The Connecticut’s Public Utility Regulatory Authority (PURA) is considering a plan to centralize management of utility poles in the state.

Currently, management of utility poles is split between AT&T and the state’s electric utilities. But the two dominant utilities, Connecticut Light & Power (C&LP) and The United Illuminating Co. (UI), are proposing a plan in which they would solely manage the poles.

PURA held a hearing on the proposal at its headquarters in New Britain. Consumer Counsel, Elin Swanson Katz, said she supports the proposal UI and CL&P have put forth.

“The Consumer Counsel believes that this new process will result in a more informal and expedited process to resolve or even prevent rights-of-way disputes from arising by virtue of a transparent, equitable and efficient attachment process,” Katz said in a statement.

Katz continued, “It is clear based on the evidence thus far presented to PURA over the course of several years of investigation, that the appointment of a single pole administrator could facilitate coordination during both storms and on ‘blue sky’ days, and create a single point of contact for pole administration issues.”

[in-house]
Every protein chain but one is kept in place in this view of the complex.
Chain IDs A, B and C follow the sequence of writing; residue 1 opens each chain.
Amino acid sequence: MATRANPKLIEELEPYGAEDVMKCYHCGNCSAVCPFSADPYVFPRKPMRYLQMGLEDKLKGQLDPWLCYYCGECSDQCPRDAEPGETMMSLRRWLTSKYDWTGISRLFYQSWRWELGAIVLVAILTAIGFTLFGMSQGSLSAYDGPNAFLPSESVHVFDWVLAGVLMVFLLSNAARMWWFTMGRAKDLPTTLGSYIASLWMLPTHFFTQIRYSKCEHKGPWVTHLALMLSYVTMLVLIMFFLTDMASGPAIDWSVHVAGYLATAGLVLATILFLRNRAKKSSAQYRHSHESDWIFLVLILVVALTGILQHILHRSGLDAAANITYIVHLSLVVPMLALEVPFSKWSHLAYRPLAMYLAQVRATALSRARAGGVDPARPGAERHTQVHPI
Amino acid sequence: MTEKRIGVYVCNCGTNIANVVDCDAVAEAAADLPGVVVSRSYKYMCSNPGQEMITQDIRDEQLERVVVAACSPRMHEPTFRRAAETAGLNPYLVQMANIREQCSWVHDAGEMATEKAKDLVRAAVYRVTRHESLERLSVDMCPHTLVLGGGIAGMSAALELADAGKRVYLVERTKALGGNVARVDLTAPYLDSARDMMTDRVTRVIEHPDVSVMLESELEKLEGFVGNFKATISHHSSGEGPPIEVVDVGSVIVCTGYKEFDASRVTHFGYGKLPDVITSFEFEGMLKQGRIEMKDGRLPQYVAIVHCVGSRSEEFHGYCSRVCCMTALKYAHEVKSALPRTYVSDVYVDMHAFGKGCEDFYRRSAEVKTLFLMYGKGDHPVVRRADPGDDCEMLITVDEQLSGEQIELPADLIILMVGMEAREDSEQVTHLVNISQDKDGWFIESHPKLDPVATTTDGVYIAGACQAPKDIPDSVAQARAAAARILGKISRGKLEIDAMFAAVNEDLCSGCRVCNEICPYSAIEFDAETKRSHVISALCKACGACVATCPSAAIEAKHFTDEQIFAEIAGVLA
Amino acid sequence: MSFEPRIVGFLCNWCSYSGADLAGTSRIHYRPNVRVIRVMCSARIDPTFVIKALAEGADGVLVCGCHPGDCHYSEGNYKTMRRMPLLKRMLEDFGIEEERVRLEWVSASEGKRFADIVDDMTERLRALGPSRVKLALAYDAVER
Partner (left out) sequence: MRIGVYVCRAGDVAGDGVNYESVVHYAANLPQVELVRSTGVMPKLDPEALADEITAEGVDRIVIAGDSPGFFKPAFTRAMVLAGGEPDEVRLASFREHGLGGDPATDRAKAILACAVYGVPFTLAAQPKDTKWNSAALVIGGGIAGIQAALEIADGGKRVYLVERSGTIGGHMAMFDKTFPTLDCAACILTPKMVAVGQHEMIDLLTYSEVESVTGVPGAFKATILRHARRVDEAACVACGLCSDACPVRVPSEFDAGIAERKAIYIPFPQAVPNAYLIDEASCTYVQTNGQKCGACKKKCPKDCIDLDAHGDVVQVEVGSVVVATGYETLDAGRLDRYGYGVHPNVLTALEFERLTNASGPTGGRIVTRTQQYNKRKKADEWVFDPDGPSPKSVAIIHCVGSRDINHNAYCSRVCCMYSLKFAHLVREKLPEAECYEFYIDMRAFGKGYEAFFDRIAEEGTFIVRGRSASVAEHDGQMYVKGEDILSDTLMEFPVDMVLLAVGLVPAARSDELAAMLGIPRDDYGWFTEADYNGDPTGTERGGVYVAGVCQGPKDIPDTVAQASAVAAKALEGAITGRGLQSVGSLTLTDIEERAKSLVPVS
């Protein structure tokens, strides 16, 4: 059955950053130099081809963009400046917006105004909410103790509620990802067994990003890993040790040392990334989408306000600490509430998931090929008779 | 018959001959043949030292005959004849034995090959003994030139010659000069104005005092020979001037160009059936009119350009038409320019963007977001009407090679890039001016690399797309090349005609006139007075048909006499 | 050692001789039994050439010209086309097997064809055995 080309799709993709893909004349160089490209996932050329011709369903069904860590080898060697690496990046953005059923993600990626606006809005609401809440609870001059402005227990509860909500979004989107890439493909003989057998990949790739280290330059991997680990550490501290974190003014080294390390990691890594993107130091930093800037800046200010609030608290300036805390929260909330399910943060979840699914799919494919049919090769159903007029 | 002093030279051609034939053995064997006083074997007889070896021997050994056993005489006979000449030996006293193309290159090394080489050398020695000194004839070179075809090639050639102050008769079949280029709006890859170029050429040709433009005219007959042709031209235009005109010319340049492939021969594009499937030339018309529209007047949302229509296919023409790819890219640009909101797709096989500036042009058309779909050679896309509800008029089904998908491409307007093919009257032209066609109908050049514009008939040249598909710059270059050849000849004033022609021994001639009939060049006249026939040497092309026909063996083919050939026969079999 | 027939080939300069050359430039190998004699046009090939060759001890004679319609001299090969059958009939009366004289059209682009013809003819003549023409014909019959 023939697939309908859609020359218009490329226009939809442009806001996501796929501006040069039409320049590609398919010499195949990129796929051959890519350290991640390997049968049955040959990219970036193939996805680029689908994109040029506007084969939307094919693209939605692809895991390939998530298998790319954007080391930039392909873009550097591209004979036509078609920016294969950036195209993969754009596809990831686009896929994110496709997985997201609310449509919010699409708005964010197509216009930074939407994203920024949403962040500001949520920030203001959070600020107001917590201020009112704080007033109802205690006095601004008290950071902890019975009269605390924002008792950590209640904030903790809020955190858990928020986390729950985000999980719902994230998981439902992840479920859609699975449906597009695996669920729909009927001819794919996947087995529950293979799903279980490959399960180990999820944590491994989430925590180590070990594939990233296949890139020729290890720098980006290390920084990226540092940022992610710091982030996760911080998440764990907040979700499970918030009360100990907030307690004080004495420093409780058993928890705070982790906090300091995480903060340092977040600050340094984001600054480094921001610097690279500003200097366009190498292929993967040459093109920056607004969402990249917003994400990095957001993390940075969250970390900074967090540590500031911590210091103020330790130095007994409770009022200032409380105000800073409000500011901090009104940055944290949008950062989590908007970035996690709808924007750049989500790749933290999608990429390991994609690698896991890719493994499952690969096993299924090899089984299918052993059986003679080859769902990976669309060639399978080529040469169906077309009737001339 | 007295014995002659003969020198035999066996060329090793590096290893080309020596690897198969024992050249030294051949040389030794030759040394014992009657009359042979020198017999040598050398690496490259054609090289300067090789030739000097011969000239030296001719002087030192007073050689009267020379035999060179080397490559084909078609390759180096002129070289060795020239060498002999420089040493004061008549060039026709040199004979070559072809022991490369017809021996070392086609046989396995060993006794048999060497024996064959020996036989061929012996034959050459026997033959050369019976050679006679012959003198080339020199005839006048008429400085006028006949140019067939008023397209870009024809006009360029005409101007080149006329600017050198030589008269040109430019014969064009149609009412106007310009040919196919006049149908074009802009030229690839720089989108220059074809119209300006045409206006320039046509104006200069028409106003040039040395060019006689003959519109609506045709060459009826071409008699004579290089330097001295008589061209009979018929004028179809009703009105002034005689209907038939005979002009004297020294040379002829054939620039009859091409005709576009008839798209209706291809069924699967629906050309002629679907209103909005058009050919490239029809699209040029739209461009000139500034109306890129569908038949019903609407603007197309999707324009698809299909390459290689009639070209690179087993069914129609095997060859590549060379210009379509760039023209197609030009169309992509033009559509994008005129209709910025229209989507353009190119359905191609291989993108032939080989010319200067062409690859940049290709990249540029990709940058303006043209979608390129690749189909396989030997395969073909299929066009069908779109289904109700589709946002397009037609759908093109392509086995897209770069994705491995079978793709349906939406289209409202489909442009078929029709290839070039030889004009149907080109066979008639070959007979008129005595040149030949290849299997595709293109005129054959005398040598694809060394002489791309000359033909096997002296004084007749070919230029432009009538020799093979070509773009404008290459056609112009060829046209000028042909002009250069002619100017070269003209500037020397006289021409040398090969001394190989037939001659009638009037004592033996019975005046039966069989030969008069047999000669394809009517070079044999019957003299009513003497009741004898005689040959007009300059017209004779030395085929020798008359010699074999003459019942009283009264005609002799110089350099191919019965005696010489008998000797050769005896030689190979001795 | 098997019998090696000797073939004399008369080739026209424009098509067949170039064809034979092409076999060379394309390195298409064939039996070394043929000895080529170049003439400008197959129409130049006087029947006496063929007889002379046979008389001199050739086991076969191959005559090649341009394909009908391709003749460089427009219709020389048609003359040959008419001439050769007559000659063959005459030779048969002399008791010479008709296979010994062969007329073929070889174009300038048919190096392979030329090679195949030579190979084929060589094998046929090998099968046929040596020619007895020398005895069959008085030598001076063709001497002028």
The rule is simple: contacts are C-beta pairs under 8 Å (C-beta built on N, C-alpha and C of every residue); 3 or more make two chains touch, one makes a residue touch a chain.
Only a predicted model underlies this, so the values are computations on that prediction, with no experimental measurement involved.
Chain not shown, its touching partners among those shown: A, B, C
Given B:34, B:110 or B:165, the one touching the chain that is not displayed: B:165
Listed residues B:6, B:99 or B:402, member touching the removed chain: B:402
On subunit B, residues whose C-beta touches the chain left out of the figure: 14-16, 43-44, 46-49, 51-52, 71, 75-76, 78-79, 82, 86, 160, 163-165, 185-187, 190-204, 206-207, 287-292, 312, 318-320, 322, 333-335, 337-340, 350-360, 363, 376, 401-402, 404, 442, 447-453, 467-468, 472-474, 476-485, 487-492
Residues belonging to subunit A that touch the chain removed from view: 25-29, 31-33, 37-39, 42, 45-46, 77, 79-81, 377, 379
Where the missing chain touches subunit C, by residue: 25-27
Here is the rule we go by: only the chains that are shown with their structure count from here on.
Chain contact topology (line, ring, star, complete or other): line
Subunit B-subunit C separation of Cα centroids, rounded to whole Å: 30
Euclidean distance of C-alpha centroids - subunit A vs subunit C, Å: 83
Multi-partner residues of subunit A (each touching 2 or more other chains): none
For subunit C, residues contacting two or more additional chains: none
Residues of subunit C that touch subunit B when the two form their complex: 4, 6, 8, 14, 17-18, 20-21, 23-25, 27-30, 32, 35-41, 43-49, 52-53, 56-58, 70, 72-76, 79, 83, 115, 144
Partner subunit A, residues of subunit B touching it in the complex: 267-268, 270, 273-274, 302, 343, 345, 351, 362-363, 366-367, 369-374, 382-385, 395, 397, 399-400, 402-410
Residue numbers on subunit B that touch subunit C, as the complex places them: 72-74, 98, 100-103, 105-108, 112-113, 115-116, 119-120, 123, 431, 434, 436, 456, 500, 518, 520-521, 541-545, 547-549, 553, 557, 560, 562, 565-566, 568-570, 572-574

“It is thus urgent that this new management process for streamlining attachments to utility poles across this state be implemented on schedule in order to put Connecticut at the vanguard of all states in removing hurdles to competitive entry and making restoration of utility services the most efficient in the nation,” the statement said.

Katz says the plan is something her office has supported for years, in part because it could expedite pole repair and replacement.

“We live in a state and in a time that demands fast — fast changes, fast implementation, and a nimble government that can respond swiftly and fairly to changing conditions, whether they be massive storms or surging demand for increasing internet bandwidth, or a town’s desire to create wireless zones, all of which involve poles and wires and public rights of way,” Katz said.

Mitch Gross, a CL&P spokesman, said that CL&P and AT&T “share ownership of over 733,000 utility poles across the 149 towns and cities that we serve in Connecticut.”

“We agree with the OCC that a single administrator would improve the process for repairing and maintaining the poles and would benefit CL&P customers because a single administrator would mean ‘one-stop shopping’ for utility pole issues,” Gross said. “We filed a proposal on this matter in May and we look forward to PURA’s decision.”

Michael West, a UI spokesman, said the mega-storms of 2011 and 2012 illustrated the value of having a single point of contact. UI and AT&T share ownership of 129,000 utility poles, West said.

“I want to emphasize that we work closely with AT&T and that during the storms, we had a representative of theirs in our operations center,” he said. “But we would be able to address repairs or replacement of the poles that much more quickly if there was sole ownership.”